Jamie Anderson interview

words: Pat Bridges

Yesterday inboxes of eco-conscious riders everywhere were graced with a message from Jamie Anderson and Protect Our Winters imploring people to “Drop In & Vote” in order to address climate change via legislation. Within the mass email Anderson earnestly states that, 'As a 26-year-old, I’ve got many more years to keep adventuring around this beautiful Earth, which I definitely plan to do. But, what will our planet look like in the future? From receding snowpack to raging wildfires, the places we play are being destroyed by the impacts of climate change… When you love the outdoors as much as I do, you have to fight to protect it. Right now, the best way to combat climate change is to do one simple thing: VOTE. On November 8, we can choose to elect lawmakers who support climate action.'

Anderson is no longer the precocious South Lake Tahoe prodigy that vaulted onto the world stage at thirteen as the youngest Winter X Games athlete of all time (she bests halfpipe phenom Chloe Kim for that distinction by five months.) Now a twenty-six-year-old veteran of the women’s slopestyle tour, Jamie has accrued an amazing list of accomplishments during the latter half of her life, including eleven X Games medals, one Olympic gold medal, both Transworld and SNOWBOARDER Magazine Women’s Rider of the Year accolades, four ESPY awards and she even scored the cover of the ESPN Body Issue. This fall, Jamie once again graced screens across the globe, yet instead of ascending podiums, she was in the spotlight for descending peaks as a part of the Runway Films Full Moon marquee alongside cinema vets like Leanne Pelosi, Hana Beaman, Annie Boulanger and Marie-France Roy. Yet for all this success, Jamie has encountered at least one failure, she was, 'fired' by none other than The Donald during her three-episode stint on The Apprentice. SNOWBOARDER got a chance to catch up with Jamie to talk about Full Moon, the Olympics, Lindsay Vonn’s demeaning attitude towards snowboarding, and her own relationship with 2016 Republican presidential candidate, Donald Trump.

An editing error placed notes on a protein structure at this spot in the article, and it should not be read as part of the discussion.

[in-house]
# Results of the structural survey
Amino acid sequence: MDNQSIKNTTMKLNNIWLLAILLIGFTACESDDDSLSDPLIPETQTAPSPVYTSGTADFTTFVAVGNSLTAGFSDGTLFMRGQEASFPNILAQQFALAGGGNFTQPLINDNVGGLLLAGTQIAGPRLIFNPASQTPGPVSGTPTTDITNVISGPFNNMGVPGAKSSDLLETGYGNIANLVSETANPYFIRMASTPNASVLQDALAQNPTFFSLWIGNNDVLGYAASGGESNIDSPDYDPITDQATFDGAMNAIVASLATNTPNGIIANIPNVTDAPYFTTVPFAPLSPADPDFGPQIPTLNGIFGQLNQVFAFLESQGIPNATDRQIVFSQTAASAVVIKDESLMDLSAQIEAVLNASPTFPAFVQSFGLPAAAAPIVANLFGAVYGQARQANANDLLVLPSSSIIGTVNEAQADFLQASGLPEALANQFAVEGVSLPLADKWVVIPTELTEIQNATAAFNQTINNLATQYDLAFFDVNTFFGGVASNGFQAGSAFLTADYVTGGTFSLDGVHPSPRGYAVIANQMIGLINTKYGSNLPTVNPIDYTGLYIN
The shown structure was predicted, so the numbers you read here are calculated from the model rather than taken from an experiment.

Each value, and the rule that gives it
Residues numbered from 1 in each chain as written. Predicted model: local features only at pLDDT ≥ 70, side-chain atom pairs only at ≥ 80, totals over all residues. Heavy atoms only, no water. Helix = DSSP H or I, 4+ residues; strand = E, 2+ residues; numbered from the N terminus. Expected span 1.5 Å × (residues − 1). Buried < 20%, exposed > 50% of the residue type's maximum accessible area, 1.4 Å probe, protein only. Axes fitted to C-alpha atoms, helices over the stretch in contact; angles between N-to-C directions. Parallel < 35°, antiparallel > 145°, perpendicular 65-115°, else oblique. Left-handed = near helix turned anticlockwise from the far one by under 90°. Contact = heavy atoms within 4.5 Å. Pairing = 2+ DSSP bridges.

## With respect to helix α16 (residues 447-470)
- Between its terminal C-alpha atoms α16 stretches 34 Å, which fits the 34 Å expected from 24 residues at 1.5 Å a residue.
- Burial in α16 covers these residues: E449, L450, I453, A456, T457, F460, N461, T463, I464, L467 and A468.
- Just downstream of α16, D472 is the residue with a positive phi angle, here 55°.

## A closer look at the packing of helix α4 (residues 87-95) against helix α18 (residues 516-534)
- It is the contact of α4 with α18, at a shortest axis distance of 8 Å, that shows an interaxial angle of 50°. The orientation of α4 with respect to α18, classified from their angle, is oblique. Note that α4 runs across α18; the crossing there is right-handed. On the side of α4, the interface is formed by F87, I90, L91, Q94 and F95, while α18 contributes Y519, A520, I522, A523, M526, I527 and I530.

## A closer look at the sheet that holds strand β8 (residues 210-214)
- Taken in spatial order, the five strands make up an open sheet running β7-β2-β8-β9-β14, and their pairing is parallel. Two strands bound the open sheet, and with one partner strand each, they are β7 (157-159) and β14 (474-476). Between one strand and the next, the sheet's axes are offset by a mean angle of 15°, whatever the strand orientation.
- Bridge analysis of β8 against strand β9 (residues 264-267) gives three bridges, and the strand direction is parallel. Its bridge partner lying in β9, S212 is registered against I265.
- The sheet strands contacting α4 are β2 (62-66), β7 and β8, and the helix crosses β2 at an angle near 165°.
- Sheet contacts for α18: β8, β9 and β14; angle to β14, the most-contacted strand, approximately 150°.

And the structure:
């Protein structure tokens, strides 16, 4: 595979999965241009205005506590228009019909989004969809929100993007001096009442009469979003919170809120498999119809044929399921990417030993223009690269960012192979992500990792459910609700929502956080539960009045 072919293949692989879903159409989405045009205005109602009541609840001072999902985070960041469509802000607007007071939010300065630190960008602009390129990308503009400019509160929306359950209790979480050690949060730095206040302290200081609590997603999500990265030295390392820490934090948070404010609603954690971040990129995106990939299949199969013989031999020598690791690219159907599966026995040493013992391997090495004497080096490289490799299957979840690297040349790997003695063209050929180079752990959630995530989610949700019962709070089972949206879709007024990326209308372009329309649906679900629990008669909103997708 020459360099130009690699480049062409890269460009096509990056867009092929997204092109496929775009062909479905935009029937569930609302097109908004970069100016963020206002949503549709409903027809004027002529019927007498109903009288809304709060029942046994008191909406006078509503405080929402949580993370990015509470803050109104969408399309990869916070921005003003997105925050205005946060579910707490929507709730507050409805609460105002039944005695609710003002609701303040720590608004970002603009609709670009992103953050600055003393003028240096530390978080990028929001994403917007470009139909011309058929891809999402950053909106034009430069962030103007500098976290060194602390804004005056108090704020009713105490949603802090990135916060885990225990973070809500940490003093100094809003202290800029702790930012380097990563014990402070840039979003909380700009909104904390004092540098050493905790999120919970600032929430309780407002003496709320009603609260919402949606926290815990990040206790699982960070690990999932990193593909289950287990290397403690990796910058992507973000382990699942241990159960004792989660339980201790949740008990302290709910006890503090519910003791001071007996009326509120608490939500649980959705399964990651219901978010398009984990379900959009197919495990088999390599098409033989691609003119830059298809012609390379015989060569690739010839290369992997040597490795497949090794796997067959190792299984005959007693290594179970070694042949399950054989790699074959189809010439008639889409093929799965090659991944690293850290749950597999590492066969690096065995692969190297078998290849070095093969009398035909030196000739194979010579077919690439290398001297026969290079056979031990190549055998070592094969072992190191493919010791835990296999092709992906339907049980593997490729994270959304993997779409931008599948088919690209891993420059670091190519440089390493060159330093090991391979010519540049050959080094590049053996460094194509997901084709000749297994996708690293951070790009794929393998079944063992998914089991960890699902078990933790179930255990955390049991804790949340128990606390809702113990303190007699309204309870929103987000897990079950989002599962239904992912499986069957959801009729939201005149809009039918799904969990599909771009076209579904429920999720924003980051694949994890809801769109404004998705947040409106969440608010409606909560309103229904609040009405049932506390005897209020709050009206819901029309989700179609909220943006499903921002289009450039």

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Jamie Anderson

photo: Peter Morning

What has been going on in the off season for Jamie Anderson?

Jamie just bought a place in Whistler. So, I have been working on that property a lot. I have been renting that out by doing AirBnB short-term vacation rentals. I’ve been doing that a lot with a couple different properties in Vermont and Tahoe and Colorado.

You own property in Vermont?

I bought a farm for my mom in Hartland. That is where she has been living the last couple years. It is an alpaca farm.

Hartland’s pretty close to where I grew up in Killington.

Killington’s right there. So, this summer I’ve been busy running around. I snowboarded a little bit. I got to go to Chile for a GoPro trip, but the powder was all shit. Then I went to Australia to ride, but it has been a bit too hectic with all of the training camps. I’ve been trying to do my own thing and take a little time off when I can. I’ve been super busy, business-wise. The property things have been crazy. I’ve been skateboarding and wakeboarding a bit which has been fun. I’ve just been really frickin’ busy. I already feel burnt out and tired and it is only October. I think I’m going to try to take the rest of the month off and road trip up to Big Sur with the Full Moon girls. I have to be in New York for one event and then I’m going to go to Vermont to chill at the farm. Maybe help my mom out with the garden if there is any of it left, ‘cause it might be getting a little cold. There are a couple Big Air events this fall that I might hit, like Milan and South Korea. Or I might just check out and chill in Colorado.

Jamie Anderson

photo: Peter Morning

Jamie Anderson

Jamie Anderson

photo: Peter Morning

Why an alpaca farm?